Workforce is having a moment. There is real potential for an unprecedented infusion of resources to support state and local efforts to engage employers and ensure workers have pathways to good jobs. The Biden Administration’s American Jobs Plan and American Families Plan, as well as the U.S. Innovation and Competition Act, are important signals of potential workforce investment.
To make the most of these resources, we must adopt the principles core to co-investment: cross-sector, cross-office, cross-organization, cross-you-name-it stakeholders with a common purpose sharing ideas, priorities, expertise, and money to advance goals. It is only with this collaboration that we ensure the equitable distribution of resources supporting new innovations and proven activities.
Here’s just a taste of what we are seeing in our Network when it comes to co-investment. These ideas can help local communities act today to prepare for a big investment in the future.
Align stakeholders with data
Atlanta CareerRise developed an Economic Mobility Dashboard to align five workforce boards of the greater metro Atlanta region on the experience of workers in the region. Most importantly, the dashboard includes data disaggregated by race and gender, which identifies some of the disparities experienced by workers. Using this data, CareerRise conducted Data and Disparity Workshops for the entire region and the individual workforce boards to highlight opportunities to advance equity goals regionally. Aligning on data is neither easy, nor sexy, but is key to updating the performance goals that drive our work. Want to take it further? Couple your disaggregated data with information about the historical actions and policies that help to explain today’s outcomes. These redlining maps are but one helpful resource you could dig into.
Involve workers to bring data to life
A stakeholder that needs to be included in any co-investment effort related to workforce is … workers. They are often the first to be overlooked. Sometimes this is intentional, sometimes it’s not; often it can be challenging to figure out the logistics. Enter the Centering Community Voice Blueprint developed by United Way for Southeastern Michigan and Detroit Future City. This guide helps users understand the why and how of incorporating lived experience into decision-making, particularly for grantmakers. There is value in authentic engagement. Any co-investment effort needs the voice and expertise of workers at the table to truly drive change. It’s time for our workforce initiatives to recognize this and invest in higher-level engagement of workers beyond surveys and focus groups. Check out the tools and resources in the blueprint to get started.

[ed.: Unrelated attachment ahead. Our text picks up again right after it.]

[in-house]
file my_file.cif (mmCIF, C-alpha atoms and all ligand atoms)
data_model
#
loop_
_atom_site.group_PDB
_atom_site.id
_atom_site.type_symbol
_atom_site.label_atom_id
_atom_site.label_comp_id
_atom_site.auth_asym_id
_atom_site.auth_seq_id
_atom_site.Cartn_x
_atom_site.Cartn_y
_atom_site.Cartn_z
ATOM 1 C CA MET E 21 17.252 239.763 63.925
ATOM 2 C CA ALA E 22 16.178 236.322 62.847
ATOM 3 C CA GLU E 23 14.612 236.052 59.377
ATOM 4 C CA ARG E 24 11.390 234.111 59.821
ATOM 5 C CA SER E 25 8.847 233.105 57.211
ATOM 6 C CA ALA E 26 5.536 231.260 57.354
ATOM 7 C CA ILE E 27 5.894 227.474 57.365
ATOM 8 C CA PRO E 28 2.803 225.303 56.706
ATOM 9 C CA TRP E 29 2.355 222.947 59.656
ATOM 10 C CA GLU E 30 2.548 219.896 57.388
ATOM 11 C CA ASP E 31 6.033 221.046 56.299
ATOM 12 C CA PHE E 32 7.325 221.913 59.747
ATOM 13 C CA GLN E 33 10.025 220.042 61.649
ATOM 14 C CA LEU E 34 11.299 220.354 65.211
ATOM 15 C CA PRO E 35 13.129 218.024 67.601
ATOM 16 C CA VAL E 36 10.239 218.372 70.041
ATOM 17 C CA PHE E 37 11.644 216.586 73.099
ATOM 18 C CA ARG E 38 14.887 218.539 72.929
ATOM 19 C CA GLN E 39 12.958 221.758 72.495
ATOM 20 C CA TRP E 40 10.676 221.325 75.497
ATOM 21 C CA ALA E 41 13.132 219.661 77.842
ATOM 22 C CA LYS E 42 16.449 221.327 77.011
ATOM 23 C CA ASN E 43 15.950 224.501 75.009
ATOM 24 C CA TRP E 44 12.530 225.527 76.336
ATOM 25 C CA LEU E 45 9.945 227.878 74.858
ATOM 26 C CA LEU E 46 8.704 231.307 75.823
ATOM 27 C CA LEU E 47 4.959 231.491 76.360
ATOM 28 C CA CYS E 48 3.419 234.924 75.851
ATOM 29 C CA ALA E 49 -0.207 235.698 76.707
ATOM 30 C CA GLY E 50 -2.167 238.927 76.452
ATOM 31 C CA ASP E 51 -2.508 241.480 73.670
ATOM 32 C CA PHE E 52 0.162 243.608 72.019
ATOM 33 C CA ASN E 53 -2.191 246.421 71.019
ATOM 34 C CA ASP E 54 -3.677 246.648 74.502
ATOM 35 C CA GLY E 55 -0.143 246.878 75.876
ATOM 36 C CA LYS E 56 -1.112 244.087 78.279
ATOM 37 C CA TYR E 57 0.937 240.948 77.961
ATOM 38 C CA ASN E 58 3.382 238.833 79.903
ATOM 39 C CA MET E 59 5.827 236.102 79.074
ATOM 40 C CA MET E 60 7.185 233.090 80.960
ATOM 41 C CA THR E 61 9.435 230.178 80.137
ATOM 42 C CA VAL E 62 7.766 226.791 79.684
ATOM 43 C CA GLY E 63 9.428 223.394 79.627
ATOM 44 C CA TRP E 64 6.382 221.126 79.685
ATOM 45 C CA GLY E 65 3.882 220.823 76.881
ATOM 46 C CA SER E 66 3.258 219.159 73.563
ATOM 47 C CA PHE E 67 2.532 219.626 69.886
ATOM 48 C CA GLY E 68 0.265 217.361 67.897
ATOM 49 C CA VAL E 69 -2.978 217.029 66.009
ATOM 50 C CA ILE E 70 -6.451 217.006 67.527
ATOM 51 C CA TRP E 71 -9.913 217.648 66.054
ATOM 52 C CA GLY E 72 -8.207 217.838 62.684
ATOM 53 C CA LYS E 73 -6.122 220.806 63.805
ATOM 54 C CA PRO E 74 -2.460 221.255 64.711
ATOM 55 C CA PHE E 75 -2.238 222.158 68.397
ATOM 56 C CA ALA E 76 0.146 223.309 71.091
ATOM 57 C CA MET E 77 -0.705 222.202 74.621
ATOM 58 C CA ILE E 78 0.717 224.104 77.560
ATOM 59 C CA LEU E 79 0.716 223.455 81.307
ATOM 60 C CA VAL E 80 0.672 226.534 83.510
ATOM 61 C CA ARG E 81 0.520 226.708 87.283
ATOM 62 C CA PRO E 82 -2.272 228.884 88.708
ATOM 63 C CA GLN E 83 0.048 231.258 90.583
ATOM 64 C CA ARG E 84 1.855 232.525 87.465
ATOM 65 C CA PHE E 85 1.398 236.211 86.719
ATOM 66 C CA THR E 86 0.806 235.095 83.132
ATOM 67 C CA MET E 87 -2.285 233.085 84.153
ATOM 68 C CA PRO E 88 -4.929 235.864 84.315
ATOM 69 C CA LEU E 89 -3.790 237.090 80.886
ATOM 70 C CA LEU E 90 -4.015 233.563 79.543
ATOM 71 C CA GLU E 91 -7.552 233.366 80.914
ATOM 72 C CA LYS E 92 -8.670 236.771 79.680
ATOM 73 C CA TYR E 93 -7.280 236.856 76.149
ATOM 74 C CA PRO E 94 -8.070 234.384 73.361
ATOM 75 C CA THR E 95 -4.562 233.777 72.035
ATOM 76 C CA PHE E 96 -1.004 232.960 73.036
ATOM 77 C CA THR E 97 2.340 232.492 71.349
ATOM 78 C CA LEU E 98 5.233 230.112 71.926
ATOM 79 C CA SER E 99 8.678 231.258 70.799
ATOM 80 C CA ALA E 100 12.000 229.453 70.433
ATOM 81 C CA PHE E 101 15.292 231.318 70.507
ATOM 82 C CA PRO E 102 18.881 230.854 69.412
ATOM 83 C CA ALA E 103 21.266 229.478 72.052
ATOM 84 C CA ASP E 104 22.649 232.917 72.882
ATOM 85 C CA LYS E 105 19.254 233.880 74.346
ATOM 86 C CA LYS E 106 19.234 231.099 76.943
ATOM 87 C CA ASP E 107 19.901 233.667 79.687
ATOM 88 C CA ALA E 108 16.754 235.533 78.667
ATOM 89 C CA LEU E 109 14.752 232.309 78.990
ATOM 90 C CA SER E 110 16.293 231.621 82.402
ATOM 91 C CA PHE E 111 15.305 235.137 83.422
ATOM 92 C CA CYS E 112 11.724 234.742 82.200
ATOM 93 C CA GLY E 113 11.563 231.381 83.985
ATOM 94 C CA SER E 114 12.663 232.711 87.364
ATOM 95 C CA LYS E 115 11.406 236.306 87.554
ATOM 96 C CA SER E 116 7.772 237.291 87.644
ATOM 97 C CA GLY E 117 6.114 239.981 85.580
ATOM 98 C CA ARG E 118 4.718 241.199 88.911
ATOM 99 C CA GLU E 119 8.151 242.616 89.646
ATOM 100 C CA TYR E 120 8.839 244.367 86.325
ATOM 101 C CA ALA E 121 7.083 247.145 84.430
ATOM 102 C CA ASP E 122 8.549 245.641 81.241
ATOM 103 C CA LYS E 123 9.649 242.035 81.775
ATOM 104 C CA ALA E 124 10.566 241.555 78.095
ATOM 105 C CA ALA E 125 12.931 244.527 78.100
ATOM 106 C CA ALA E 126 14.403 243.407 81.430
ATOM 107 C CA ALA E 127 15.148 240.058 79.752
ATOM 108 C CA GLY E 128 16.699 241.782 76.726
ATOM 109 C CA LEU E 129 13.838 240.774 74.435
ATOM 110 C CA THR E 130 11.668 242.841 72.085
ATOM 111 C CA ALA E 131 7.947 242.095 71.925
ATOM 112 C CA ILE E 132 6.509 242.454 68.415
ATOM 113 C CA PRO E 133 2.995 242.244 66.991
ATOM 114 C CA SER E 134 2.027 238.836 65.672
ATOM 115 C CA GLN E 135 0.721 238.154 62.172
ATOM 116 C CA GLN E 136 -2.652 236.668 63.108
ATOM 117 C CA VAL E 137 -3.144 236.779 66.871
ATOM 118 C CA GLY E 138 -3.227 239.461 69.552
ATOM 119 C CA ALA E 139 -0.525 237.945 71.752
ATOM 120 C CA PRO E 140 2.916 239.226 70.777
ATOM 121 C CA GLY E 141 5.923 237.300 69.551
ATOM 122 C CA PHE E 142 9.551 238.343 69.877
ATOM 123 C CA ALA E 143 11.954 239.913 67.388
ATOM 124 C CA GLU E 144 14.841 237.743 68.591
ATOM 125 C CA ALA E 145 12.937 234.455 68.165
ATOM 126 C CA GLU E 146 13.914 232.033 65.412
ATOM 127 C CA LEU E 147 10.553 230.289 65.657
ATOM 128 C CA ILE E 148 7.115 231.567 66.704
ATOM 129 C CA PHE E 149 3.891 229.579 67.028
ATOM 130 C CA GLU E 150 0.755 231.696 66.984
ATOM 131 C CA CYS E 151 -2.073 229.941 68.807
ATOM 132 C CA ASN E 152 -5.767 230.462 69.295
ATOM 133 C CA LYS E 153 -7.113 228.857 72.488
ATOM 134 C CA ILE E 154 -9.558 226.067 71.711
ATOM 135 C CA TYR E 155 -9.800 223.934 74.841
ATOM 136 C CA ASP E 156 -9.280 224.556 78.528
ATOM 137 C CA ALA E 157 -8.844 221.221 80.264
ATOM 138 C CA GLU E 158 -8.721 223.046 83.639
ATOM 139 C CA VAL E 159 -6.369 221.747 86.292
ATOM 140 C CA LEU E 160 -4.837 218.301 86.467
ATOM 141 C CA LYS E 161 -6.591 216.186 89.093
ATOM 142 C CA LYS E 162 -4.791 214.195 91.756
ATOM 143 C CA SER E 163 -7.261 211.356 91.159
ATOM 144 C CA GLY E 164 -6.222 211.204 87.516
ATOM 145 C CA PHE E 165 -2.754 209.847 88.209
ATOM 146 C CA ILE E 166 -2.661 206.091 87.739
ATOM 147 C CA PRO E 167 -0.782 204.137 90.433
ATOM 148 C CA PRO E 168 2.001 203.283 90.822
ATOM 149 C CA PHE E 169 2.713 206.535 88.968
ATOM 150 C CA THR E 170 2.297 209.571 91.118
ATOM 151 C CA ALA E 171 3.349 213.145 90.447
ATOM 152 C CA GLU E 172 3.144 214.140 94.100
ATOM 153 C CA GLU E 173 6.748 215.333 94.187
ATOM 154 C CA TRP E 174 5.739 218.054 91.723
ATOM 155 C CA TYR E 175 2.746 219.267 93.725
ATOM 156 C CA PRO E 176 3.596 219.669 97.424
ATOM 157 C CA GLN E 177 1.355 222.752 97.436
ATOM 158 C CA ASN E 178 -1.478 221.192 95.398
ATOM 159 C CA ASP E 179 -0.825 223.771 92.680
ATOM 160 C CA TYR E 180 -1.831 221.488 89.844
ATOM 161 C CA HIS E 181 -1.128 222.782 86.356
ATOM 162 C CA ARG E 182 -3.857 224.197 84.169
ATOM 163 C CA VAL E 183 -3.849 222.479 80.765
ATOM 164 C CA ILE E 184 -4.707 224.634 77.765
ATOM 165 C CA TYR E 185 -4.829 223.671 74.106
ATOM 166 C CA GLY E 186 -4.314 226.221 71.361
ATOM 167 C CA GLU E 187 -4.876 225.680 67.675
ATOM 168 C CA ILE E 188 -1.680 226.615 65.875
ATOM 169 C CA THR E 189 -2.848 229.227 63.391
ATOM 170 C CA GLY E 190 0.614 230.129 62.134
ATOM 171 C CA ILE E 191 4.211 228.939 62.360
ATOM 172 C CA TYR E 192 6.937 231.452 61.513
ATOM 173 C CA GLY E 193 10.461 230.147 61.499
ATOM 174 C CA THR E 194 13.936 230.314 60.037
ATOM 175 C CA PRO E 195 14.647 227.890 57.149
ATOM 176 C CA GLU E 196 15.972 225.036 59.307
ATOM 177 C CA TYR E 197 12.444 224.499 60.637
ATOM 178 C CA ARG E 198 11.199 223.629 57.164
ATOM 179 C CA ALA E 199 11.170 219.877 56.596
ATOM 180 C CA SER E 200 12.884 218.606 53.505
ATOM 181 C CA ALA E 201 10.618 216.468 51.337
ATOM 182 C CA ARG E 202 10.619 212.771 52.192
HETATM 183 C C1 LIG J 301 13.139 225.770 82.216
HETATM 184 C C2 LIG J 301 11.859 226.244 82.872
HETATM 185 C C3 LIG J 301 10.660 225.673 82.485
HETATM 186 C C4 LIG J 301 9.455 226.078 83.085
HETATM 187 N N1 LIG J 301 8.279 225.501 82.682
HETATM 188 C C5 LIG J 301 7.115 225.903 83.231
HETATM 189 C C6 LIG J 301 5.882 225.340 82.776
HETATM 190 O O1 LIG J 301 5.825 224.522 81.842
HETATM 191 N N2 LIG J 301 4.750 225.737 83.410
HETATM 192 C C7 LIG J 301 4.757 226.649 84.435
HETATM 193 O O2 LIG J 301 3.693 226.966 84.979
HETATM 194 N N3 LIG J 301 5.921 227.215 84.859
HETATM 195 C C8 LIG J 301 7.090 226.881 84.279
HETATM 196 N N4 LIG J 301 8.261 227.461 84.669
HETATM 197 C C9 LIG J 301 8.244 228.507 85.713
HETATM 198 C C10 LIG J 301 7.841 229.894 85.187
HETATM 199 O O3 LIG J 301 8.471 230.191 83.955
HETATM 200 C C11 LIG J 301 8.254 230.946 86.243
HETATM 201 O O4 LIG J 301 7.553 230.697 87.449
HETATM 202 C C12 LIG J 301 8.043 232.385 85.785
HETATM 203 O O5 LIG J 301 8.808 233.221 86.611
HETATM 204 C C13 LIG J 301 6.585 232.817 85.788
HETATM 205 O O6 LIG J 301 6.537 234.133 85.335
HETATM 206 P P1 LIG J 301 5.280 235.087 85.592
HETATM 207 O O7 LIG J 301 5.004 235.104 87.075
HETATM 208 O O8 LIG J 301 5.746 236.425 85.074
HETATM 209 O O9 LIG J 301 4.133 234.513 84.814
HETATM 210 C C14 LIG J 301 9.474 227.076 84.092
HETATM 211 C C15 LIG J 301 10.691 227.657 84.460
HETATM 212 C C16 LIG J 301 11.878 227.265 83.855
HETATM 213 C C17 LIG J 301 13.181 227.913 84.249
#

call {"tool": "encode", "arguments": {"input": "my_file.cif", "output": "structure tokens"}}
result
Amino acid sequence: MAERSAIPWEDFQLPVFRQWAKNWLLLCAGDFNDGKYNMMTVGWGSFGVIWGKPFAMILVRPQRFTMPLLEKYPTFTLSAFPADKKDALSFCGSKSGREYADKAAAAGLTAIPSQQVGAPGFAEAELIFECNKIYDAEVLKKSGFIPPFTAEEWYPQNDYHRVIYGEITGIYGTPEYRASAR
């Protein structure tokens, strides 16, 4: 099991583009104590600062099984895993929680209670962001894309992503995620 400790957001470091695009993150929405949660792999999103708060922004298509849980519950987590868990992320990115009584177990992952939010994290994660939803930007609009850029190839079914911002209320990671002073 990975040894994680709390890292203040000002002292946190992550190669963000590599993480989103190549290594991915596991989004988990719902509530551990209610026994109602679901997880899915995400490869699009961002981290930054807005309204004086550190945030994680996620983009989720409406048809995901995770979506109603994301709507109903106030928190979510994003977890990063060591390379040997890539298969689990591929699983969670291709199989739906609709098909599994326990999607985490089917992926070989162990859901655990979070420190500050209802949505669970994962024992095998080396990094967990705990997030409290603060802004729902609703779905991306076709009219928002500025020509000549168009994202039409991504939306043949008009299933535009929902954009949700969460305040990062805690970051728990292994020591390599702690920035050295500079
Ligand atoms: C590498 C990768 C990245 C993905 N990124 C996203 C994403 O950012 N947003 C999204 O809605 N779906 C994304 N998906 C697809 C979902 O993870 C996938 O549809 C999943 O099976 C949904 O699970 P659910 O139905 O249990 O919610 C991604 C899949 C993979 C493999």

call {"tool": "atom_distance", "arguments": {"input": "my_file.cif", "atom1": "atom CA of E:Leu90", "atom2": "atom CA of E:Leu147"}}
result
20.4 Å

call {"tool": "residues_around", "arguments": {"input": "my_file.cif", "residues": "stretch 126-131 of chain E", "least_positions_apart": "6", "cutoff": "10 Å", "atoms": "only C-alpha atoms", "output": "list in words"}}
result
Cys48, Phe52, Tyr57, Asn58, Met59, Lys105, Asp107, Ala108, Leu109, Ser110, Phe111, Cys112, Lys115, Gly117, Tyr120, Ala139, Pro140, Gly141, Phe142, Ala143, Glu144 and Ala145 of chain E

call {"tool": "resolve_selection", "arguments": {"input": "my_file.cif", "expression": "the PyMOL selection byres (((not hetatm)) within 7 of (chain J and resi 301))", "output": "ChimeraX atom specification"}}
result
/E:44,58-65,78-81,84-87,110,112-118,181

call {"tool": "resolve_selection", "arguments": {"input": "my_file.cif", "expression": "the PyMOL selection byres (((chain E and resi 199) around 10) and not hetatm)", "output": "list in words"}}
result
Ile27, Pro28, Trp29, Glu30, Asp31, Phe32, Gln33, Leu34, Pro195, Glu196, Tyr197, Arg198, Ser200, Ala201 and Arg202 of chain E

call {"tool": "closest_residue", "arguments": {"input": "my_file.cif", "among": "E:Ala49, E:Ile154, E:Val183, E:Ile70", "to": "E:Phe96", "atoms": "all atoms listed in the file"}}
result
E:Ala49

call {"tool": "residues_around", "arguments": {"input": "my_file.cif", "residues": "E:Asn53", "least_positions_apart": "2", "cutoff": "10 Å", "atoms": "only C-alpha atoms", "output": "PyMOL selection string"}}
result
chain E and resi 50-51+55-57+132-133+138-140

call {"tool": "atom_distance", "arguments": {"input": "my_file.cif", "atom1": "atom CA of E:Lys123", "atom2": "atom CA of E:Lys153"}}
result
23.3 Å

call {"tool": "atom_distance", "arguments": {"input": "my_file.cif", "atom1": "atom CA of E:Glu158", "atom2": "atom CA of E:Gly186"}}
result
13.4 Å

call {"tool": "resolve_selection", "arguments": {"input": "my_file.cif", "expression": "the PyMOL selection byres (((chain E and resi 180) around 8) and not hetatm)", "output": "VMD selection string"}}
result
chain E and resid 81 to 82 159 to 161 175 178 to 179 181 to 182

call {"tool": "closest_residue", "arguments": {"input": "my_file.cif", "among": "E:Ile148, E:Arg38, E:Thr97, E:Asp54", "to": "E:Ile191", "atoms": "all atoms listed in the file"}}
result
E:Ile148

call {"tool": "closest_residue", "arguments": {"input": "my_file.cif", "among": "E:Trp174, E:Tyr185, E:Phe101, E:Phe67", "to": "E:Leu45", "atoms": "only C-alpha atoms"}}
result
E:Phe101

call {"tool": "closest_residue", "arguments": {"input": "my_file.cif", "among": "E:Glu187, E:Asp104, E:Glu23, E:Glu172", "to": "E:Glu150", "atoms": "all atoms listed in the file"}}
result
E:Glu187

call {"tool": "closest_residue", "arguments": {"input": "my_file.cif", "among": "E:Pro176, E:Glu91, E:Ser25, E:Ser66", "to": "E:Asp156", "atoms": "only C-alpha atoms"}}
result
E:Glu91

Build on what you already have going on
PACES, in Wichita, Kansas, is engaged in developing a community-wide plan for use of national recovery funds. A group of stakeholders (including the Chamber, philanthropic institutions, higher education, local and state government, among others) first developed the Air Capital Commitment to address layoffs related to the December 2019 Boeing 737 production pause. In March 2020, during COVID, the group expanded its focus to PPE, testing, and vaccines. The group has further evolved its purpose to now form task forces, including one for workforce, to develop plans for the American Recovery funds that are coming to the city, county, and state. Additionally, they are coordinating with their federal representatives on ongoing needs for future policy and funding. This group of cross-sector stakeholders formed in the wake of a workforce crisis continues to see the value of aligning their efforts to design major workforce breakthroughs with intention.
People talk about “getting out of siloes” as if it’s easy. It’s not. There are politics, a mindset of scarce resources, and emotional exhaustion. But there’s no getting out of the same way of doing things without shaking it up. And the shakeup starts with a phone call, a conversation over coffee, another zoom call.
So, get in touch with someone in your community who you haven’t spoken with in a while. Ask them:
- What are you up to these days?
- What feels important to you?
- Where do you need help to make your goals a reality?
Share your answers to these questions (even if they don’t ask) and find out who they know that you should speak with next. It might just lead to somewhere.